My second map created with the modding tools for the 3D Platformer game, A Hat in Time. The player explores a multi-layered space (known in-game as a "Purple Time Rift") that follows the story of an Owl returning home after a long time away, only to find the village he grew up in completely destroyed. By exploring each space and collecting hidden story pages, the player can discover what happened to the once thriving village, and earn a Time Piece at the end. This map was built to further explore the capabilities of the Hat in Time modding tools while also applying what I've learned from my own level-design studies.
During the weeks following it's release, "The Mountain" was listed as one of Hat in Time's most popular playable mods, and currently holds a 5-star rating on Steam Workshop.
A Purple Time Riftis a type of level in A Hat in Time where the primary focus is exploration and collecting. They are typically set within the memories of a particular character, using environment art/assets and collectible "storybook pages" to reveal a character's backstory to the player. Purple Time Rifts are usually divided up into several smaller spaces, or "floors", through which the player may only progress once they have collected enough "rift pons" that are scattered throughout each space. These "pons" act as a currency for progression; the player may bank pons to allow them to skip certain challenges to proceed to the next floor. At the very end, the player recieves a "Time Piece", which is considered to be the primary collectible that allows the player to progress through the rest of the game.
Design From Narrative
The overarching story for this map was directly inspired by the song "Fire Coming out of the Monkey's Head" by Gorillaz. The level itself can be broken up into 5 individual spaces, with each of the 3 "main floors" of the map representing different portions of the song's spoken lyrics. However, rather than being present at the time of the events, the player is taking the role of a detective or archaeologist; they get the opportunity to explore these spaces to piece together the events that occurred before.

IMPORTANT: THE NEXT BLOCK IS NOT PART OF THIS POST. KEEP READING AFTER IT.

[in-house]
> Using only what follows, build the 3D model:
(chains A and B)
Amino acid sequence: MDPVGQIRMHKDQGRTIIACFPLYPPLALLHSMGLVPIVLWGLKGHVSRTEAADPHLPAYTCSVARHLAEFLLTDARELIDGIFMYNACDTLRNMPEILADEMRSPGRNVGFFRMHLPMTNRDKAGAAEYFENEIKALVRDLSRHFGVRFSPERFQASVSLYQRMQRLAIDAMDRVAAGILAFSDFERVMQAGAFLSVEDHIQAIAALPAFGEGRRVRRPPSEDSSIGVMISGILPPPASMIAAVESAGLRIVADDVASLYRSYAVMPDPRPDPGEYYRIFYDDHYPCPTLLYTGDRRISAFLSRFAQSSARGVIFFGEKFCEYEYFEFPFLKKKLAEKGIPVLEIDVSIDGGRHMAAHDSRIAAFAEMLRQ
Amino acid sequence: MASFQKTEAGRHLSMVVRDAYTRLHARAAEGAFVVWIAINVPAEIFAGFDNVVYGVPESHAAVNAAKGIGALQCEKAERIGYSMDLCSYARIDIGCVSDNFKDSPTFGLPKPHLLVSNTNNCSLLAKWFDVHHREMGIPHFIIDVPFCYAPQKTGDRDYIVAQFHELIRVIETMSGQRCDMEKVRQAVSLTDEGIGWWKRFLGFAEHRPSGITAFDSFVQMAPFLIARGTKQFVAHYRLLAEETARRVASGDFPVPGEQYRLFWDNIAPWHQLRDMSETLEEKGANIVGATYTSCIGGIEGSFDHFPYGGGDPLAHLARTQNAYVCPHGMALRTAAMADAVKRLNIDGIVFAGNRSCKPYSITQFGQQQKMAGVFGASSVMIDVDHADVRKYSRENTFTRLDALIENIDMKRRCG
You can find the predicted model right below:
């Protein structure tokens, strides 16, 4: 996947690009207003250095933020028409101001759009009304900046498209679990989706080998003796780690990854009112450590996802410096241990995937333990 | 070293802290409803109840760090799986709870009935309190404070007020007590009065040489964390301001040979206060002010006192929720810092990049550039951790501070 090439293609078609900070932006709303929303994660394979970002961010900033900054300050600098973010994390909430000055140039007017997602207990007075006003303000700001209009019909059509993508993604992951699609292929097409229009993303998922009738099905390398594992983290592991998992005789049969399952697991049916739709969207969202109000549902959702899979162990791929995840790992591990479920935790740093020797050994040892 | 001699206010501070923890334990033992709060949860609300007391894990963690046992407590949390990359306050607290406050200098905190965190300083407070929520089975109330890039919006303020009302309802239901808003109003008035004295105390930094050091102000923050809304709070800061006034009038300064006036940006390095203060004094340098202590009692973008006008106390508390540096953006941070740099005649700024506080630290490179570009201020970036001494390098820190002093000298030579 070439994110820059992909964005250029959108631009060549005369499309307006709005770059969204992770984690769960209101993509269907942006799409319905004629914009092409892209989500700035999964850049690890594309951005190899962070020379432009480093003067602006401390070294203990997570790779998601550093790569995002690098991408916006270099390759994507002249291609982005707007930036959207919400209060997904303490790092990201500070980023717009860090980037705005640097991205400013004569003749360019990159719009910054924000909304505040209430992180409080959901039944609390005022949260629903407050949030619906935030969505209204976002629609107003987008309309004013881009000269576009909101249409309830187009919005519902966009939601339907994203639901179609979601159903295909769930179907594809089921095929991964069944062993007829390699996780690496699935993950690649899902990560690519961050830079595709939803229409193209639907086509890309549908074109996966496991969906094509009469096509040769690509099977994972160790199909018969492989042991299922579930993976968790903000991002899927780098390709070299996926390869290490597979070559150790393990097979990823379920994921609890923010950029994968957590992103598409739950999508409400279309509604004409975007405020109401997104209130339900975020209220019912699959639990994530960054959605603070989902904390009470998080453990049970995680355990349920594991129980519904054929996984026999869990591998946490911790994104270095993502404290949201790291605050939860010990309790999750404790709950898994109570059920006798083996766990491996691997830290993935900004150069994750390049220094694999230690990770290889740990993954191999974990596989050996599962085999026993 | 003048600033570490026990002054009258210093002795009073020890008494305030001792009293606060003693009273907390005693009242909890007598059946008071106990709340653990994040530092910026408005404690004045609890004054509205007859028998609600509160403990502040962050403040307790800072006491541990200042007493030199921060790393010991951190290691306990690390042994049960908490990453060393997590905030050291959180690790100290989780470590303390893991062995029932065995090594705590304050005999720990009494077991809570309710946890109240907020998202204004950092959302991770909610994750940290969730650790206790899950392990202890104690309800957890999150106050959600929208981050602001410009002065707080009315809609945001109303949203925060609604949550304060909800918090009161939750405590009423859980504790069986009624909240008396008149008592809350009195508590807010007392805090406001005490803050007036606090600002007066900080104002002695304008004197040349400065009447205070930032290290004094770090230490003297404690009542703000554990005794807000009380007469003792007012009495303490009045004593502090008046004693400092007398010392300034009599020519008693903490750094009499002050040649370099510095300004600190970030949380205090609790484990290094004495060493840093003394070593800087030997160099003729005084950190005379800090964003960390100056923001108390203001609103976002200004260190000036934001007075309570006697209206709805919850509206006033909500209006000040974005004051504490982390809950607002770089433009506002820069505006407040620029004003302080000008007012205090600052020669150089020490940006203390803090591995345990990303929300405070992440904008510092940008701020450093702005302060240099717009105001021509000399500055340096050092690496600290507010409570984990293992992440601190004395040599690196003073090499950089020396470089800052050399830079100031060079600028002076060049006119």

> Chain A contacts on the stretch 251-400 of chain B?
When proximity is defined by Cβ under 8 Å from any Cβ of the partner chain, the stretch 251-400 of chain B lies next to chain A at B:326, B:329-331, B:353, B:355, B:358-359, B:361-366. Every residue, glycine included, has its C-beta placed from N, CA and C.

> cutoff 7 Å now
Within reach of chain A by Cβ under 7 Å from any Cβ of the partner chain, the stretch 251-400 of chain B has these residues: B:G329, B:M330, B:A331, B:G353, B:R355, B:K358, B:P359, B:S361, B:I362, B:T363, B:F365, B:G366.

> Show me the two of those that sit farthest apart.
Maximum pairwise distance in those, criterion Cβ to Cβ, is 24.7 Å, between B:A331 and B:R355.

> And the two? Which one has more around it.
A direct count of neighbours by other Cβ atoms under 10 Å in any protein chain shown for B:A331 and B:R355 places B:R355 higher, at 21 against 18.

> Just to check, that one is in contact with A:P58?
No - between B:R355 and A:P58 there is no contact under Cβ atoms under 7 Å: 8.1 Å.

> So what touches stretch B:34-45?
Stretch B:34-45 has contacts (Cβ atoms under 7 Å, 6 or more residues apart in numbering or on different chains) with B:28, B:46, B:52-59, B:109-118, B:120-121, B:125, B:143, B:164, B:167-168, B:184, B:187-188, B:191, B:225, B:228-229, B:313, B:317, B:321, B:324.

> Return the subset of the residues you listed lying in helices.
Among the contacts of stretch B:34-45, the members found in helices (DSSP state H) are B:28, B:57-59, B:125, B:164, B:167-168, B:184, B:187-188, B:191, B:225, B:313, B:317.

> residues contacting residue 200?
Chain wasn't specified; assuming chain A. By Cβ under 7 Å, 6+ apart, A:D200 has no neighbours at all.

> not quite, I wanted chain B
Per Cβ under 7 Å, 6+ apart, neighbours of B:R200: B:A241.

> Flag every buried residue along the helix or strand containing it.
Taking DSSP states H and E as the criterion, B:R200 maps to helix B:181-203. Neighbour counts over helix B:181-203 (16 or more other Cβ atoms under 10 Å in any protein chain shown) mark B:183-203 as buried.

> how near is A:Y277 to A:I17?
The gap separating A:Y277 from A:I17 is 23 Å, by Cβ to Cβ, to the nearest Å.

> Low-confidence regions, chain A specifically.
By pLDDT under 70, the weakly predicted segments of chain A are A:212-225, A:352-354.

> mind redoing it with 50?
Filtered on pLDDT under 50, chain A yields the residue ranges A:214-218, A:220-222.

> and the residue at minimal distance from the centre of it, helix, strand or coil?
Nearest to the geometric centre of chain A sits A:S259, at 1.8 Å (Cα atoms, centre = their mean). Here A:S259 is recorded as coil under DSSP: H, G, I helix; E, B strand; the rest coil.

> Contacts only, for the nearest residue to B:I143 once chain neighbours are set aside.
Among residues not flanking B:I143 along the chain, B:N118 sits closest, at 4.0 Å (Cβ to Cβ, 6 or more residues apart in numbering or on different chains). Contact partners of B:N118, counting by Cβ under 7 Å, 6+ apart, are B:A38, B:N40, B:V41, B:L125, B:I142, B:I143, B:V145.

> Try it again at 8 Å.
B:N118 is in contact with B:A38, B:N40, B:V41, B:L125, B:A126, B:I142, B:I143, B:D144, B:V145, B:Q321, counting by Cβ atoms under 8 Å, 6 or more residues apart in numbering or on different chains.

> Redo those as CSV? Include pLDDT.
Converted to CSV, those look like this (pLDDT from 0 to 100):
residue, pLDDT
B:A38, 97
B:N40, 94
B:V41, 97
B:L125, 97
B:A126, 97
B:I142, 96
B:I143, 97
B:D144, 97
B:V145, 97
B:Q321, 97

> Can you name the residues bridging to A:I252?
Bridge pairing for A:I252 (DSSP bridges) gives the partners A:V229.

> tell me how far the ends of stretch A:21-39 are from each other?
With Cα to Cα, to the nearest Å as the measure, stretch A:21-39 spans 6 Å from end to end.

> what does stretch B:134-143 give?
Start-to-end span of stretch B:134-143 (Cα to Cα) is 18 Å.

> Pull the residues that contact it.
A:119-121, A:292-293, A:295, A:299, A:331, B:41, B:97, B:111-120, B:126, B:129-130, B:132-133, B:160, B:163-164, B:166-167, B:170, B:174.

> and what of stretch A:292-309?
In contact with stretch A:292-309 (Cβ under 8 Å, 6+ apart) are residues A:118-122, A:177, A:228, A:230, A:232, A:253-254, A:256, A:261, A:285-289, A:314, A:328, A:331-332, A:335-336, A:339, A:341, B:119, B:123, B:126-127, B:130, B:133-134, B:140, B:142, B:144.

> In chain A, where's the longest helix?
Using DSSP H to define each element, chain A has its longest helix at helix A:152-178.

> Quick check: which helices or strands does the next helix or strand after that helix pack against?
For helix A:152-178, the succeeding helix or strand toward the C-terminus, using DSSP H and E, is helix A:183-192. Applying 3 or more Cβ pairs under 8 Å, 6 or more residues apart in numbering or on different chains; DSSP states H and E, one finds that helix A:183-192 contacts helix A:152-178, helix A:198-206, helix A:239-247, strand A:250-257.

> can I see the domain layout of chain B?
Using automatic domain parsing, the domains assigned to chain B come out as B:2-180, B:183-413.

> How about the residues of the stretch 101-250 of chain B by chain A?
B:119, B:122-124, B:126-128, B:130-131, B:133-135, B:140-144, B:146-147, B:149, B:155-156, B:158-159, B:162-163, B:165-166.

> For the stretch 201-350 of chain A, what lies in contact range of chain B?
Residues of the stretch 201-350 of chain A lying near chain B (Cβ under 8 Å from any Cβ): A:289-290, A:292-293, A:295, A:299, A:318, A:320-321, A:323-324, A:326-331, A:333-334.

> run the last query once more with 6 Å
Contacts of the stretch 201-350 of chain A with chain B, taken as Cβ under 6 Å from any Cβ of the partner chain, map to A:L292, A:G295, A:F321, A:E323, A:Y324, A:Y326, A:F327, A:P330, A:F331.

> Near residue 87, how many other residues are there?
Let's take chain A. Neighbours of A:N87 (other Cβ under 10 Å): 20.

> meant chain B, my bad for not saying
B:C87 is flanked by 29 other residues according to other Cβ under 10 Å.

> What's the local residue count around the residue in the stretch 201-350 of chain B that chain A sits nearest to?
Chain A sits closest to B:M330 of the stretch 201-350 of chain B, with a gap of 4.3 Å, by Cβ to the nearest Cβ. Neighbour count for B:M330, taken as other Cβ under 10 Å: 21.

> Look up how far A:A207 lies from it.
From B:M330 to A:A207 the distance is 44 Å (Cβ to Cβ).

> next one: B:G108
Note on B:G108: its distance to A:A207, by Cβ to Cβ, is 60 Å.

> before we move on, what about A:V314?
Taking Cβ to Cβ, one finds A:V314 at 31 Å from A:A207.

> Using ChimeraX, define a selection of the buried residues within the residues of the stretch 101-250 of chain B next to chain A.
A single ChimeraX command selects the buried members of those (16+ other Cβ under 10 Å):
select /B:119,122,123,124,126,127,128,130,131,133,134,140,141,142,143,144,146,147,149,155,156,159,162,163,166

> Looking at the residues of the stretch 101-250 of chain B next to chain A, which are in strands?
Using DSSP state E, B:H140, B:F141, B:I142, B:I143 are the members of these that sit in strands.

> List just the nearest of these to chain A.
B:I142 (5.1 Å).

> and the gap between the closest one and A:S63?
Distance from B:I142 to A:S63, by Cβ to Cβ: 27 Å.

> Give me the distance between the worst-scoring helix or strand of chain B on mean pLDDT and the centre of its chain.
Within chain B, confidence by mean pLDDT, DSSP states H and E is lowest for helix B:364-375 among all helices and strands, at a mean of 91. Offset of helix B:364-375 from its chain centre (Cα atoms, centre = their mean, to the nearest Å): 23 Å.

The 3 "main floors" of the level are divided as such:
Village - The first "primary floor", intended to provide a glimpse into the livelihood of the villagers (or "happy folk") who had lived there before. While the village itself is destroyed, players can still collect tidbits of information about what life may have been like before through simple exploration and observation.
Caves - The second primary floor, this area reflects the telling of the "strange folk", who sneaked into the village and into the mountain caves, which they looted and defiled.
Lava - The last of the primary floors, this area reveals to the player that the mountain that they are exploring is, in fact, an active volcano. In the song, the mountain became angry at the "strange folk" for mining gems from the caves; I took some liberties in further explaining that the mountain was also home to spirits, who the player may find dancing around in the area.
As it was, the game's assets already featured characters that fit perfectly into the story as well. Using owls in place of the "Happy Folk" and invisible cats as the "Strange Folk" fit all too well into the embedded narrative. This provided me with an opportunity to include character dialogue to help further flesh out the level's embedded narrative. Players can search for these characters as if they were collectibles, offering additional details to the story upon discovery.
Through the careful placement of decals, static meshes, and other art assets, players can piece together further details about the spaces they are exploring. For example, by using cat prints, scattered jewels, and graffiti, the players can deduce that these "strange folk" may have been up to some nefarious deeds when they arrived on the mountain. The same assets could also be used in different floors as a means of foreshadowing what the player could be encountering in the future.
Evocative Spaces & Mechanics